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Banamali Tea Estate Vs. State of Assam and ors. - Court Judgment

LegalCrystal Citation
Subject;Direct Taxation
CourtGuwahati High Court
Decided On
Case NumberCivil Rule No. 519 of 1972
Judge
ActsAssam Agricultural Income Tax Act, 1939 - Sections 19 and 19(1); Assam Agricultural Income Tax Rules, 1939 - Rule 11 and 11(2)
AppellantBanamali Tea Estate
RespondentState of Assam and ors.
Appellant AdvocateA.K. Bordoloi, Adv.
Respondent AdvocateS.N. Bhuyan, B.P. Saraf, A.B. Choudhury and B. Choudhury, Advs.
Excerpt:
.....at what is clearly said. we can at best iron out the creases but we cannot alter the materials of which the provision is..........prescribed in section 6, shall furnish before the 31st day of december of the relevant financial year, a return of his agricultural income or the agricultural income of such other person during the previous year, in the prescribed form and verified in the prescribed manner and setting forth such other particulars as may be prescribed:provided that, on an application made in the prescribed manner, the superintendent of taxes or agricultural income-tax officer may, in his discretion, extend the date for furnishing the return up to a period not beyond the 28th day of february of the relevant financial year and simple interest at six per cent. per annum shall be payable from the 1st day of january of the relevant financial year to the date of furnishing the return as extended by the.....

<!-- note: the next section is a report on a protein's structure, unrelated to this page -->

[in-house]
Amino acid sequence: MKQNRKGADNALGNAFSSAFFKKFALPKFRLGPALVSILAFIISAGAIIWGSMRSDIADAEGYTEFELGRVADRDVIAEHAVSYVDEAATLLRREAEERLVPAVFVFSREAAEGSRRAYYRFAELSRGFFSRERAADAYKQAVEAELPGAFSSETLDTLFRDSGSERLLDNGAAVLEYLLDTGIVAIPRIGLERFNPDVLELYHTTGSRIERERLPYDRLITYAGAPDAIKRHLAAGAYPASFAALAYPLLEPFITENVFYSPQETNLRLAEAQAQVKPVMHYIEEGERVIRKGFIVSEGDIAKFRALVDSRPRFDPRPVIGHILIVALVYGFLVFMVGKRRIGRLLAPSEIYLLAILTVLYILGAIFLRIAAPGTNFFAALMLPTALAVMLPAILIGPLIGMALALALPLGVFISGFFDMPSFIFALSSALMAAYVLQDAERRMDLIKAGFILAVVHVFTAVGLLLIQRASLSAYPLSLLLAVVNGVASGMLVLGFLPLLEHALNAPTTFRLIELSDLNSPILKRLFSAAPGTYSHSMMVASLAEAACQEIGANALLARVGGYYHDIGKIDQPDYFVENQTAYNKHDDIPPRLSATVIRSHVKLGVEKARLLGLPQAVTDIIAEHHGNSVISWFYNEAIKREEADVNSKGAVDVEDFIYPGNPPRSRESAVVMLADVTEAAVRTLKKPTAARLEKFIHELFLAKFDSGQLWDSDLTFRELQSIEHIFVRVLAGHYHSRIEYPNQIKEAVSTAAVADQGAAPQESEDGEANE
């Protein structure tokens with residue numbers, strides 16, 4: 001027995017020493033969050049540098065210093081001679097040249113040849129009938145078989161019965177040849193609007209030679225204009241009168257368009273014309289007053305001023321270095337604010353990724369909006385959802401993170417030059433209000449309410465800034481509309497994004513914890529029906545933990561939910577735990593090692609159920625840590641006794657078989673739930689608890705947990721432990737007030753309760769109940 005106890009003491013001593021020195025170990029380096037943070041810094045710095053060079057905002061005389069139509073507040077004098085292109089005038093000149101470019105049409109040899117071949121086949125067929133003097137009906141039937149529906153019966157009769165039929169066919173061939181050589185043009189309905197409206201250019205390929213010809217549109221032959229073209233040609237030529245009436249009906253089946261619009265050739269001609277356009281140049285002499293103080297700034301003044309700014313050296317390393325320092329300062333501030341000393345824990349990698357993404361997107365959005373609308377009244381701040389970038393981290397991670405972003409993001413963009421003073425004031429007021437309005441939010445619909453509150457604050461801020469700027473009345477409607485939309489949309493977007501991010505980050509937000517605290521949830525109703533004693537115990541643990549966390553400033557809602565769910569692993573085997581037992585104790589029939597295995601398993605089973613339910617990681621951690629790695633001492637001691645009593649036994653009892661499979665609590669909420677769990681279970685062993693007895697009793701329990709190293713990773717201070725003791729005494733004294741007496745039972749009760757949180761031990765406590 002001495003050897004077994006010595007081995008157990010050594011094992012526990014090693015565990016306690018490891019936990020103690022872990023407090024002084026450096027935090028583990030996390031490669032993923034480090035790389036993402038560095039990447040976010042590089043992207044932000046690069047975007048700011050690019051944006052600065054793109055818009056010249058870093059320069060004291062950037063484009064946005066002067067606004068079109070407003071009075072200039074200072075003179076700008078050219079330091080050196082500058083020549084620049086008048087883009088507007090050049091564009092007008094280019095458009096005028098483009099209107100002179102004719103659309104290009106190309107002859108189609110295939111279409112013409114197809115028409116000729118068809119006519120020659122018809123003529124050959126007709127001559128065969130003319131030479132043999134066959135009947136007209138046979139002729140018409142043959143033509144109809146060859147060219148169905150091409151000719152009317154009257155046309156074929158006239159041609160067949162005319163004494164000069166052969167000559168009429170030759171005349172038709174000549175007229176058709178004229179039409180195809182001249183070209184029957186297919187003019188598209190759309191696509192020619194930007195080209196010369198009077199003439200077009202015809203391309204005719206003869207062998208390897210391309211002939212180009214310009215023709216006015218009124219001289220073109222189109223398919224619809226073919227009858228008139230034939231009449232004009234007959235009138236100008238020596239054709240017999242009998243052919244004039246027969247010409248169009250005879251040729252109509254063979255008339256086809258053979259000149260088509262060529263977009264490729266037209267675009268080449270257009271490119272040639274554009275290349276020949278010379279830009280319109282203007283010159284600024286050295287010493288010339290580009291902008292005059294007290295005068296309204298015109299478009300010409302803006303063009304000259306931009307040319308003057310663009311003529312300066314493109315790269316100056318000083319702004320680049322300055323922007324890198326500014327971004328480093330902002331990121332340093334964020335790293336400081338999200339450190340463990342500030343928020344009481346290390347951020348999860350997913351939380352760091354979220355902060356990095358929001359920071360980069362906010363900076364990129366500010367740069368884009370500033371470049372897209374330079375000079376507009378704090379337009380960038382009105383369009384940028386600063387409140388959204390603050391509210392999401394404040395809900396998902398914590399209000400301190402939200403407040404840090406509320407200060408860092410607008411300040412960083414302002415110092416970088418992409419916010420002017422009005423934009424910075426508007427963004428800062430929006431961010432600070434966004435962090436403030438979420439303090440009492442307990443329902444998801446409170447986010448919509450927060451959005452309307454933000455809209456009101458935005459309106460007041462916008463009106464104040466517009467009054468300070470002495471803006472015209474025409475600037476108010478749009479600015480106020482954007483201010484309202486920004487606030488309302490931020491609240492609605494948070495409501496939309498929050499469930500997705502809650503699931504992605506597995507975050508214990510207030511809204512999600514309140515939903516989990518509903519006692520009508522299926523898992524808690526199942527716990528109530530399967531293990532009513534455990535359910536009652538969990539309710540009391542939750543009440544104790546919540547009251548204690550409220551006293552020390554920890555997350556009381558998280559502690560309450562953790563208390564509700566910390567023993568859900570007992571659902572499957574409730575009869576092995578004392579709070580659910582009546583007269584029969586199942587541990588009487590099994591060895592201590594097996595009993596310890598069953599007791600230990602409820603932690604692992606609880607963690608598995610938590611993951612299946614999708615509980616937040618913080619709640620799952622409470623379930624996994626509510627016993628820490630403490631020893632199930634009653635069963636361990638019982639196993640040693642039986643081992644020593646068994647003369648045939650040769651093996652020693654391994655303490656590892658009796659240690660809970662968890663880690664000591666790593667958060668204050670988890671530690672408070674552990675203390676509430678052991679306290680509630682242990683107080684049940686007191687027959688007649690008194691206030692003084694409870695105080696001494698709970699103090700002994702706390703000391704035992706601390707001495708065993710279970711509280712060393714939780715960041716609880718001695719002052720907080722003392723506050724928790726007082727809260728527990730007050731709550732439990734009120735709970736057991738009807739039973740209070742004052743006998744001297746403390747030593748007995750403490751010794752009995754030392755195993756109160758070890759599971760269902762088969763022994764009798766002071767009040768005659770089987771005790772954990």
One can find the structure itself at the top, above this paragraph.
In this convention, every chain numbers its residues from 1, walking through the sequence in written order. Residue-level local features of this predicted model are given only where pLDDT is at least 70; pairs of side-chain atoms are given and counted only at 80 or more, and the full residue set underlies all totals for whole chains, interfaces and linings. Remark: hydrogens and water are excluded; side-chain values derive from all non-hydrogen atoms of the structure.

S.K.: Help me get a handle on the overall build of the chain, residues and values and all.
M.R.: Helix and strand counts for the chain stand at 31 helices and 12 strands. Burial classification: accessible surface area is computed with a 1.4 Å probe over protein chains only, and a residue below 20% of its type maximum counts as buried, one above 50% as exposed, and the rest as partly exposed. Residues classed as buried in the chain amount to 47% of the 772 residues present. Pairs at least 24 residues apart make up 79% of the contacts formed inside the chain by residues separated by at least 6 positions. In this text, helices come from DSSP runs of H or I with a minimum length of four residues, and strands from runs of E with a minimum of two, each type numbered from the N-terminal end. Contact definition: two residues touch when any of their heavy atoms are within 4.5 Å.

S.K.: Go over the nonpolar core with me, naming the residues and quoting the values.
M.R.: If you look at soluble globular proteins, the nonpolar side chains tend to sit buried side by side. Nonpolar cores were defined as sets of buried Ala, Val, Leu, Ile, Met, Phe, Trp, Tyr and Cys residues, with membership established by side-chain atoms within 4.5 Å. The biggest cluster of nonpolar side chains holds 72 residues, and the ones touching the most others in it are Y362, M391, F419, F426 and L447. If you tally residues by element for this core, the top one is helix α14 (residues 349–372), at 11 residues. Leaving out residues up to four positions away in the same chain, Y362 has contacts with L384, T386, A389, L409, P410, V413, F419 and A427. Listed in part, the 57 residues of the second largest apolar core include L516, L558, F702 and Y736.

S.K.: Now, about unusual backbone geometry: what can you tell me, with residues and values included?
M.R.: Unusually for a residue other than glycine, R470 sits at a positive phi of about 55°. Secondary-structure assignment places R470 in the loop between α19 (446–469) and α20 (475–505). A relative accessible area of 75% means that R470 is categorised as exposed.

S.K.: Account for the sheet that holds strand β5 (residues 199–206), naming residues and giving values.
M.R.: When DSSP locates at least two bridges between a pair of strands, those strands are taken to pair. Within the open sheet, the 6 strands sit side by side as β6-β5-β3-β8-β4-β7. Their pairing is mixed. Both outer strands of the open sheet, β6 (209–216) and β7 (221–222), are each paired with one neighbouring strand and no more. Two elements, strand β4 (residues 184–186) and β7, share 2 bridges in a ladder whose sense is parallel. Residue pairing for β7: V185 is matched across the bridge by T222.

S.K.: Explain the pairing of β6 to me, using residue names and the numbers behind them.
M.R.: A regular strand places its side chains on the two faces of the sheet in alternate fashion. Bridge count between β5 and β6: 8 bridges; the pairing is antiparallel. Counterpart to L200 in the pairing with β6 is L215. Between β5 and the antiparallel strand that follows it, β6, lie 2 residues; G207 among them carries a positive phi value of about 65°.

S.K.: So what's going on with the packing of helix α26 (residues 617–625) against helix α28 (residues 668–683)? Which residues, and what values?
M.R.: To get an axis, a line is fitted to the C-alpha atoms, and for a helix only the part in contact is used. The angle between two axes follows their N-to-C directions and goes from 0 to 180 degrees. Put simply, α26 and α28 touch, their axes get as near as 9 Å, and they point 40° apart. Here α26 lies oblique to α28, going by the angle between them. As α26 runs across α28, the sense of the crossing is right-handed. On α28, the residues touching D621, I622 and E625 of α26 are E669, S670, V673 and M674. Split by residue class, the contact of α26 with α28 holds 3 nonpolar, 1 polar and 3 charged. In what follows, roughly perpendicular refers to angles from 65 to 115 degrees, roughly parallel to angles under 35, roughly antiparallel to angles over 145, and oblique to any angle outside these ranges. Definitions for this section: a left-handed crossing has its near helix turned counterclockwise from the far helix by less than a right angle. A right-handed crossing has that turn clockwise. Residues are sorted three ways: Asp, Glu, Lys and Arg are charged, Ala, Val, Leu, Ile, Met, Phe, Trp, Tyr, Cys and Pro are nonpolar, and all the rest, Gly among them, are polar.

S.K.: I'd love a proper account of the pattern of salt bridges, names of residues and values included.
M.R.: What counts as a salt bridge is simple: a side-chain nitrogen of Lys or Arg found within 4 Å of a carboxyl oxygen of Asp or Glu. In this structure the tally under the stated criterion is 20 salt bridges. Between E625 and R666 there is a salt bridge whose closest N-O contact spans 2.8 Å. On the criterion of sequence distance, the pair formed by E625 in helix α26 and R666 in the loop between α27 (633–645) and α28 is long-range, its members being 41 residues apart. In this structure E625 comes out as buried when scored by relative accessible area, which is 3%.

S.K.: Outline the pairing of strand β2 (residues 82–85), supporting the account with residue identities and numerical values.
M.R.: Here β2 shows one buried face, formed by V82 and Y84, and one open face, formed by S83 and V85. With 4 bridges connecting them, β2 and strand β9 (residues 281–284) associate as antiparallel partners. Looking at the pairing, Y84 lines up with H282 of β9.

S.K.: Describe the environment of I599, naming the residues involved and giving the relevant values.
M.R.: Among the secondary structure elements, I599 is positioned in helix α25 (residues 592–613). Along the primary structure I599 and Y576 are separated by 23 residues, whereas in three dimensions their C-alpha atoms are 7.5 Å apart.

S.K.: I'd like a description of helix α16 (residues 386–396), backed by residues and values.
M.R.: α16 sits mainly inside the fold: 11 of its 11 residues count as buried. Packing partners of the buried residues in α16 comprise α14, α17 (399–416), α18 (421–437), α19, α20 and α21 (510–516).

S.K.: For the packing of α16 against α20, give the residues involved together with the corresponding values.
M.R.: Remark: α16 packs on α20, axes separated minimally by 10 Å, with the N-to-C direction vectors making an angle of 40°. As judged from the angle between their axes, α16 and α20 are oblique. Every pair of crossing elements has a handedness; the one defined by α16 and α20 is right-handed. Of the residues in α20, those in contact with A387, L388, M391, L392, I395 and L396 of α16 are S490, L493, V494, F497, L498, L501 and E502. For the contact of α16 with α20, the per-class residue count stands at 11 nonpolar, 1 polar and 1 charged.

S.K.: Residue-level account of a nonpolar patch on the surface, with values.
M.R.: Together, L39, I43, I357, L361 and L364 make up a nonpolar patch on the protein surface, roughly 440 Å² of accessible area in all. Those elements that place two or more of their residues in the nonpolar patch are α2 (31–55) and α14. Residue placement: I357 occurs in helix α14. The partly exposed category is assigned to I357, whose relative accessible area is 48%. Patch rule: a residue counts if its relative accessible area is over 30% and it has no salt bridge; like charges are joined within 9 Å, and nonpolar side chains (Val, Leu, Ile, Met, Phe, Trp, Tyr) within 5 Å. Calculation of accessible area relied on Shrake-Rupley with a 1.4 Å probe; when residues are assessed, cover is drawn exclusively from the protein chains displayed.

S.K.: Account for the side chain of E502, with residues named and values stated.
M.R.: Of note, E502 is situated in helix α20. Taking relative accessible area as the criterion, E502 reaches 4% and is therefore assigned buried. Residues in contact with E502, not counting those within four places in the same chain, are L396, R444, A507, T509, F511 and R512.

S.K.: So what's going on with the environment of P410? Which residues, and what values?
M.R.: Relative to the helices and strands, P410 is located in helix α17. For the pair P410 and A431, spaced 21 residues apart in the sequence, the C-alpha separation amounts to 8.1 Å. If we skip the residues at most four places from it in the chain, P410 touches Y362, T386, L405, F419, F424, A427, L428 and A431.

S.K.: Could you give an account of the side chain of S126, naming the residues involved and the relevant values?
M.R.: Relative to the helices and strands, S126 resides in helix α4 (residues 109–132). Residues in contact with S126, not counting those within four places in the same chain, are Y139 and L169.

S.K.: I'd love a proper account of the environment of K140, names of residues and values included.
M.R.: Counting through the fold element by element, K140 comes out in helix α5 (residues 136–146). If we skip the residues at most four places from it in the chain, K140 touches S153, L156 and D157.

Judgment:

K. Lahiri, Actg. C.J.

1. By this application under Article 226 of the Constitution, the petitioner questions the vires of Rule 11(2)(b)(i) to (ix) of the Assam Agricultural Income-tax Rules, 1939 (for short 'the Rules'), as well as the validity of the order of assessment and demand of interest on agricultural income-tax at Rs. 6,093 made by the Agricultural income-tax Officer, Assam, Gauhati (for short 'the AITO').